Housing sector

National Association of Realtors Chief Economist: ‘The housing sector is clearly stabilizing’

By Anna Bahney, CNN Business

The housing market is starting to look a little more normal.

Home sales fell in August from both July and a year ago, breaking two straight months of increases, according to National Association of Realtors.

Home purchases have increased over the past year, which Lawrence Yun, NAR’s chief economist, says is an anomaly. These increases were driven by pent-up demand from potential buyers that has built up during the lockdowns and the lifestyle changes people have made during the pandemic, all while interest rates have remained very low, did he declare.

But now the effects of these trends are waning.

“The housing sector is clearly calming down,” Yun said. “Home sales are trying to get back to a normal balance after the big increase we saw last year.”

Sales of existing homes, which include single-family homes, townhouses, condominiums and co-ops, fell 2% in August from July and were down 1.5% from a year ago , according to the report.

But sales are still above the pre-pandemic rate, Yun said. And sales for 2021 year-to-date are 16% higher than 2020 and 12% higher than 2019.

Moreover, prices continue to rise.

The median home price in August was $356,700, up 14.9% from a year ago, marking 114 consecutive months of year-over-year home price increases. Let’s be clear: a 14.9% annual price increase is not normal, Yun said. Around 3% to 5% is a more typical annual price increase. But compared to the more than 20% price growth reported by the NAR in recent months, this price drop shows some narrowing of that gap.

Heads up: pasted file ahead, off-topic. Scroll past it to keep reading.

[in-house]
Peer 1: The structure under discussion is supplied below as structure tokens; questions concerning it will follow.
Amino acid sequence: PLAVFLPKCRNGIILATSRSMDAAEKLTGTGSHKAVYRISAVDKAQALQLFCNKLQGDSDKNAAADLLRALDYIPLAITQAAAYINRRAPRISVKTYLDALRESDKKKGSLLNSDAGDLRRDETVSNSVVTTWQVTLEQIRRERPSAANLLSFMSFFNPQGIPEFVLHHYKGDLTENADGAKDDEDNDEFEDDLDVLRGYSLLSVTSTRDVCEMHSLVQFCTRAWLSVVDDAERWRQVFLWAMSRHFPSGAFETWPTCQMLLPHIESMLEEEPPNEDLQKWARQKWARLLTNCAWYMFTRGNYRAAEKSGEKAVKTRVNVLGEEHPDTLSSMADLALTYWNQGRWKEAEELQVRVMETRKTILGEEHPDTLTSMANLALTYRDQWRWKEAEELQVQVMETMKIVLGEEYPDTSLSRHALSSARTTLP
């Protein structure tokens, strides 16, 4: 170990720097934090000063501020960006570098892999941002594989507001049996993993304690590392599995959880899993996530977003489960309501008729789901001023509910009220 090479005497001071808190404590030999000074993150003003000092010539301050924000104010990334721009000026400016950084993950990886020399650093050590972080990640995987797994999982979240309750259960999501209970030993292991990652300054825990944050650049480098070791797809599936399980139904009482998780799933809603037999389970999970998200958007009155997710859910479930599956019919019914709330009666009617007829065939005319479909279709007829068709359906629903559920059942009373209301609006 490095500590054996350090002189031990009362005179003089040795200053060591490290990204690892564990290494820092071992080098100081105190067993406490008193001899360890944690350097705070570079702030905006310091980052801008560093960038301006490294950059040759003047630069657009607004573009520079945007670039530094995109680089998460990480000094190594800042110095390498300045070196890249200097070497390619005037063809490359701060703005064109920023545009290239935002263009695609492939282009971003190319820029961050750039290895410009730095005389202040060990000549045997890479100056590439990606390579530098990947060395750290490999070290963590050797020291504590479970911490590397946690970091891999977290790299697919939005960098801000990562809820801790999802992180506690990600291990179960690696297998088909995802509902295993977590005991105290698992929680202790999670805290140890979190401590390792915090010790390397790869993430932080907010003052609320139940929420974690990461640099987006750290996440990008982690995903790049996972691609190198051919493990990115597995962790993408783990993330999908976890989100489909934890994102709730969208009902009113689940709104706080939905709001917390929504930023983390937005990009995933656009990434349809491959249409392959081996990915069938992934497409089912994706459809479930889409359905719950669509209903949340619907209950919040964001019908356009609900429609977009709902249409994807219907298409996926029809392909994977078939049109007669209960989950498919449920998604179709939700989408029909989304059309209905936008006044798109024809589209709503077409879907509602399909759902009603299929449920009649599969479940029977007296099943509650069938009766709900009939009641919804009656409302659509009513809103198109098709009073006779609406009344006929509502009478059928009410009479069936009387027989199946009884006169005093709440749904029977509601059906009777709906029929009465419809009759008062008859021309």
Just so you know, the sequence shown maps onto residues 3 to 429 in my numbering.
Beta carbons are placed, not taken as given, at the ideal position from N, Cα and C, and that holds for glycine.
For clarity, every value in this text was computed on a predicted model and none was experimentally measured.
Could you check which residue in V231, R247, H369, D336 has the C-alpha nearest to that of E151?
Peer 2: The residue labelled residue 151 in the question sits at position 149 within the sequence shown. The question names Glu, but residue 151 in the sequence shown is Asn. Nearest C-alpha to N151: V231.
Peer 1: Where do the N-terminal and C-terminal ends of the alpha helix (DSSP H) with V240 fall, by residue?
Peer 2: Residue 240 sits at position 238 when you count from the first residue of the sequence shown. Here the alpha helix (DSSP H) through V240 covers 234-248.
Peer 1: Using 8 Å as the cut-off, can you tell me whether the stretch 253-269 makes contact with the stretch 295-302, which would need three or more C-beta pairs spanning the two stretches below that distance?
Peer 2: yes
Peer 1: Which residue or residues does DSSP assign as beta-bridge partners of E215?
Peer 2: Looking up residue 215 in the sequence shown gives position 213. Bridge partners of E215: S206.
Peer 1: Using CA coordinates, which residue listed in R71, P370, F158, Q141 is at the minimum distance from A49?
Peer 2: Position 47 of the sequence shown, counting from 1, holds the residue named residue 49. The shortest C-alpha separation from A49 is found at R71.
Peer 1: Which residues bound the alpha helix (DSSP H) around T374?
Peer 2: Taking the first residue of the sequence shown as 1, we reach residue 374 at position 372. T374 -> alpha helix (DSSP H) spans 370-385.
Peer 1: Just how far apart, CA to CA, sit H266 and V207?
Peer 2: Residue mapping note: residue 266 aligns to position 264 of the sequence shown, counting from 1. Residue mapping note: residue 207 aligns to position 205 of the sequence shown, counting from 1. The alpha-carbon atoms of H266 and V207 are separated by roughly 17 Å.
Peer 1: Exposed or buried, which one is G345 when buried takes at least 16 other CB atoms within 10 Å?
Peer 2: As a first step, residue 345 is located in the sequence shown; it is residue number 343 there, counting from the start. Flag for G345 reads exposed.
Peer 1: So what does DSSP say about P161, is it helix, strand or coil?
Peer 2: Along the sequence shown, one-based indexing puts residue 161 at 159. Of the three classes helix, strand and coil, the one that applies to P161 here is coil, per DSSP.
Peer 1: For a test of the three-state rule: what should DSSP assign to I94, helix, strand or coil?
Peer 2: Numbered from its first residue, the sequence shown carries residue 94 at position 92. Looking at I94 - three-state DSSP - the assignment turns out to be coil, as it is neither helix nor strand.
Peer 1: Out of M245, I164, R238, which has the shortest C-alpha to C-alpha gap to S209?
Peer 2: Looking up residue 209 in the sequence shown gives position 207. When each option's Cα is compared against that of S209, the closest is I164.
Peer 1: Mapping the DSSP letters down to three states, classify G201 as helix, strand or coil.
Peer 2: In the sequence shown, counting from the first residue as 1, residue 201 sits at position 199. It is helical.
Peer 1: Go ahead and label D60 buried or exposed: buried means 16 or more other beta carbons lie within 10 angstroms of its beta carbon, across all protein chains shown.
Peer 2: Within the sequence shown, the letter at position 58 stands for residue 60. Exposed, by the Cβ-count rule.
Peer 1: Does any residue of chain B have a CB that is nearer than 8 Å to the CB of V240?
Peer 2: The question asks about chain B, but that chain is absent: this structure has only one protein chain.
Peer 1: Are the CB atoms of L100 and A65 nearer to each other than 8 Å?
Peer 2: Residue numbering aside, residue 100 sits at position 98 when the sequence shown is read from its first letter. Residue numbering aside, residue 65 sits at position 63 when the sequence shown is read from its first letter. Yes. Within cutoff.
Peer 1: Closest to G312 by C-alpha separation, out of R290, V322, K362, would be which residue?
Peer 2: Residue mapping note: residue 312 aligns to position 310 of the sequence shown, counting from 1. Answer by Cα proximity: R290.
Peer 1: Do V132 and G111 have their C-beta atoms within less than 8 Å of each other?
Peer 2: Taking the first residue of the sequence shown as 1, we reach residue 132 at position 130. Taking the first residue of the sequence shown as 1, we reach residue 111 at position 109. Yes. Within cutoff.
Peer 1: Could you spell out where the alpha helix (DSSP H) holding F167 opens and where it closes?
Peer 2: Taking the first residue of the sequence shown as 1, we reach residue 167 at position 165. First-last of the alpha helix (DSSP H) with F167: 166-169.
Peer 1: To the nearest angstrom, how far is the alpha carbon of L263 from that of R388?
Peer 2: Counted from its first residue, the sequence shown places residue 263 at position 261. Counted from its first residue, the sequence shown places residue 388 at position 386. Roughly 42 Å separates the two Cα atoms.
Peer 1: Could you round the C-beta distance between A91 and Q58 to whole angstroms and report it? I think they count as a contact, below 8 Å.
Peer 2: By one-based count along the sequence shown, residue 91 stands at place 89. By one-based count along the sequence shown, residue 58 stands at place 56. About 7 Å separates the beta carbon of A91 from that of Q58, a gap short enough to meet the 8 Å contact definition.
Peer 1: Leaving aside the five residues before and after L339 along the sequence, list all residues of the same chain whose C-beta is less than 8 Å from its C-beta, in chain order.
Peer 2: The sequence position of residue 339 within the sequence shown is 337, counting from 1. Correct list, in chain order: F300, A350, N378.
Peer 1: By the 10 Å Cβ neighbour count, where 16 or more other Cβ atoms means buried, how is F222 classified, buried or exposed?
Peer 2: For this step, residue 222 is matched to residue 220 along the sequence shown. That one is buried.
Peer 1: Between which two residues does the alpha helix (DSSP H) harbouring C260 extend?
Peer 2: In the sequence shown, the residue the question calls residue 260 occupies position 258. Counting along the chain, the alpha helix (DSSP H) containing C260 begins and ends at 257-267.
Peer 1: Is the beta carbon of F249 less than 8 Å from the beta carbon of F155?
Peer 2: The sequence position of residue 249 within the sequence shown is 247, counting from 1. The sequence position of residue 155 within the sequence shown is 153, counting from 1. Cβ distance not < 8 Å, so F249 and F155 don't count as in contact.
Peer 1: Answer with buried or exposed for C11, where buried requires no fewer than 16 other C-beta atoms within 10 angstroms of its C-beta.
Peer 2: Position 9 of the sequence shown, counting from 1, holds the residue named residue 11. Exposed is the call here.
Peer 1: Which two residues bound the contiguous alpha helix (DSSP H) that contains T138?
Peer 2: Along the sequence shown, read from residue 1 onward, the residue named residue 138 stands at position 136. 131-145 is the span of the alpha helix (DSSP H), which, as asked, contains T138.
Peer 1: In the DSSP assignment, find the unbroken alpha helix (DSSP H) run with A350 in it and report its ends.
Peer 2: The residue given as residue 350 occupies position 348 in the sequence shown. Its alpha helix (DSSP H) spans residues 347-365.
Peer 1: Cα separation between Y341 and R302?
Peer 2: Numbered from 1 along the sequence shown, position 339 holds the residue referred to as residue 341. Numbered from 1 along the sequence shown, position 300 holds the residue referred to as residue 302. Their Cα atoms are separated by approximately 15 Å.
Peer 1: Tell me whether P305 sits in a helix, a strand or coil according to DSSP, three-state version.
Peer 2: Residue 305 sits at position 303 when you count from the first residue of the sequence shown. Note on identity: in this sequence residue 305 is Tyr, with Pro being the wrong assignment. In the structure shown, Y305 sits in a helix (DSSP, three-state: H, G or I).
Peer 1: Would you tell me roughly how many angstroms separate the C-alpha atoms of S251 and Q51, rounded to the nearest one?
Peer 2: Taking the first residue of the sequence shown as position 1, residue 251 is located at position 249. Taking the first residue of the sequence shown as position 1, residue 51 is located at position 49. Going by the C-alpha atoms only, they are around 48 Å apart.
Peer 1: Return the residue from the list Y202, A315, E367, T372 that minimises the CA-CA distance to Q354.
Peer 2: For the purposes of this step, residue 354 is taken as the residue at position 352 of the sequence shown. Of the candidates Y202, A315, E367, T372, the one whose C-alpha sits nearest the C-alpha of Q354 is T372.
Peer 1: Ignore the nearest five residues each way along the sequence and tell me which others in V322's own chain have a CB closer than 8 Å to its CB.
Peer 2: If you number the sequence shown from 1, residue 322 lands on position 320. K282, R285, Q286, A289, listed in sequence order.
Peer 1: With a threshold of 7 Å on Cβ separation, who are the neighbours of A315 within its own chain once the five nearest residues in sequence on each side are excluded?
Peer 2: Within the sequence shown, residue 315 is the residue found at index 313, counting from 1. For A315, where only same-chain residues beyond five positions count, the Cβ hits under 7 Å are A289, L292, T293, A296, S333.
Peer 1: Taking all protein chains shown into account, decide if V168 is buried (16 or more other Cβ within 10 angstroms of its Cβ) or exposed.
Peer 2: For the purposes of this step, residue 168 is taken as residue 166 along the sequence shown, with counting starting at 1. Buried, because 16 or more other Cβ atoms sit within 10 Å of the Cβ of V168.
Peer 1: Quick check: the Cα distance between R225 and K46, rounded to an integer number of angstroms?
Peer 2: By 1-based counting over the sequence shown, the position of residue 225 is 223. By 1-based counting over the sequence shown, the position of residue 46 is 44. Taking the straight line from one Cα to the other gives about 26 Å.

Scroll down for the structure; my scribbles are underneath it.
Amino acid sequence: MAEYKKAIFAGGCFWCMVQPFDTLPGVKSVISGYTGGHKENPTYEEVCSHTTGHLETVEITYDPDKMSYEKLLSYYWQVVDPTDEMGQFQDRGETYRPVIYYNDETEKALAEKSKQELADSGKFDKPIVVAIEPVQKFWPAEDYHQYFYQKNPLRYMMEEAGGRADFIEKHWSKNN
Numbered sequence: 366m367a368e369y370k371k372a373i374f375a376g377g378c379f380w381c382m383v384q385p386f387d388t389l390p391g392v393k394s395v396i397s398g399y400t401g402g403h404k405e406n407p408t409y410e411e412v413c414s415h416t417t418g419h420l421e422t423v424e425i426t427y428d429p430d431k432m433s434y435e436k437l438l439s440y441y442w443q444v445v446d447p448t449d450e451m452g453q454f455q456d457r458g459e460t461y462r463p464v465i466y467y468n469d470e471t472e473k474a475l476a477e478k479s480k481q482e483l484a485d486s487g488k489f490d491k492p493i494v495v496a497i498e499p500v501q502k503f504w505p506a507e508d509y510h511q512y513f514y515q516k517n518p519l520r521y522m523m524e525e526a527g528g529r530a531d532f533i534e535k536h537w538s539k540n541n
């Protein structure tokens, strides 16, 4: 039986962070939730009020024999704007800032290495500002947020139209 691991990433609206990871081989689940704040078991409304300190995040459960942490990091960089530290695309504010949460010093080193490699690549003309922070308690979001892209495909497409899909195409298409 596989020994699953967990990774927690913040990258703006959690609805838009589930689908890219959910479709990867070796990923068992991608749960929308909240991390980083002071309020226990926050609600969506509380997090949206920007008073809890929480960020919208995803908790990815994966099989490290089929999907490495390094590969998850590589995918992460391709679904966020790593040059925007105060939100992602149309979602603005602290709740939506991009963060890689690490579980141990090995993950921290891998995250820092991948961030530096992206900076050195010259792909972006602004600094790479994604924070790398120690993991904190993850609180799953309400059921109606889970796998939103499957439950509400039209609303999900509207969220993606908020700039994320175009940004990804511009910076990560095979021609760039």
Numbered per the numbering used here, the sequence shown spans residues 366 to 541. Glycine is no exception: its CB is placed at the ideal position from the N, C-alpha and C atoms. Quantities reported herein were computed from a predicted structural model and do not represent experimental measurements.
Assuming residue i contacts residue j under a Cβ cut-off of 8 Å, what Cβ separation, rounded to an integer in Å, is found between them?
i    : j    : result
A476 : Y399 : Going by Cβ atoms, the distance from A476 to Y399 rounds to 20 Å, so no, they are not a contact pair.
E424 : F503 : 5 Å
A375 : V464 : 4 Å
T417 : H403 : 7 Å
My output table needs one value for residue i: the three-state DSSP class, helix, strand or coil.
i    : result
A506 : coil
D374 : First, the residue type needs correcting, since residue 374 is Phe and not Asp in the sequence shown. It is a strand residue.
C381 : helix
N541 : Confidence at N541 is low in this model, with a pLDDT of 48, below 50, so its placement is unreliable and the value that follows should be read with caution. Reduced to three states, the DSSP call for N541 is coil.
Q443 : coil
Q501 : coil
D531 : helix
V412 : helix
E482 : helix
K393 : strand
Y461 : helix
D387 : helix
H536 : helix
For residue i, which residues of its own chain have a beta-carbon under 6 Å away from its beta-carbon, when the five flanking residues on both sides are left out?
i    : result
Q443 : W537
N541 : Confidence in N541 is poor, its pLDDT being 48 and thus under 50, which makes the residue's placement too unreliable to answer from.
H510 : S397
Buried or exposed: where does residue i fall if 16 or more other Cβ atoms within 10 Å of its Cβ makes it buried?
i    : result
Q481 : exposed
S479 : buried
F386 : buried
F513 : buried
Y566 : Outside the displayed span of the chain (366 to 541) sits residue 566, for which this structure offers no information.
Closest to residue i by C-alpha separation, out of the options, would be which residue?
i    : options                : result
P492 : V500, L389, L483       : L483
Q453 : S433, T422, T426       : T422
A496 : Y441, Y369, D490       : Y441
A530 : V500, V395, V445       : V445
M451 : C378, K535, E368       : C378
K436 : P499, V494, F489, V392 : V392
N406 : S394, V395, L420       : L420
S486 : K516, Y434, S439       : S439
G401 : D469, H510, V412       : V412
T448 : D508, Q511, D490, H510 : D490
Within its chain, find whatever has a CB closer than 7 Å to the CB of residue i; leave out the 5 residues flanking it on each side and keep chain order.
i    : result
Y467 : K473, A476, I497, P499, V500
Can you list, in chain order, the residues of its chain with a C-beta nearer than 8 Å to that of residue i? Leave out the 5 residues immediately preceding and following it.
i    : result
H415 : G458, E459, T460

“Sales fell slightly in August as prices rose nationwide,” Yun said. “Potential buyers are looking, but much more measured about their financial limits, and just waiting for more inventory.

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Inventories remained stubbornly low in August, continuing to drive down sales at the bottom of the market, NAR said.

“High house prices are creating an unbalanced market, but prices would normalize with more supply,” Yun said.

Unsold home inventory at the end of August was 1.29 million, down 1.5% from July and 13.4% from a year ago, according to NAR. Unsold inventory is at a 2.6 month supply at the current selling rate. A balanced market has about a six month supply.

But there are signs of a slightly calmer, if not kinder and softer housing market.

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“Overall, we expect home sales to remain strong into next year, but we should see inventory levels continue to slowly trend towards more normal levels and home price appreciation begin to slow down over time,” said Ruben Gonzalez, chief economist at Keller Williams.

For budding buyers, some of the scariest parts of buying a home last spring and fall — like waiving inspections and competing with many multiple offers and facing offers entirely in cash – have subsided, Yun said, citing inquiries from NAR agents.

But a typical property still sells for a quick 17 days to market, according to the report. In August, 87% of homes sold had been on the market for less than a month.

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Even if the market stabilizes, affordability remains a challenge.

The share of first-time homebuyers fell to 29% in August, the lowest rate since January 2019.

“Securing a home is always a major challenge for many potential buyers,” Yun said. “A number of potential buyers have simply paused their search, but their desire and need for a home remains.”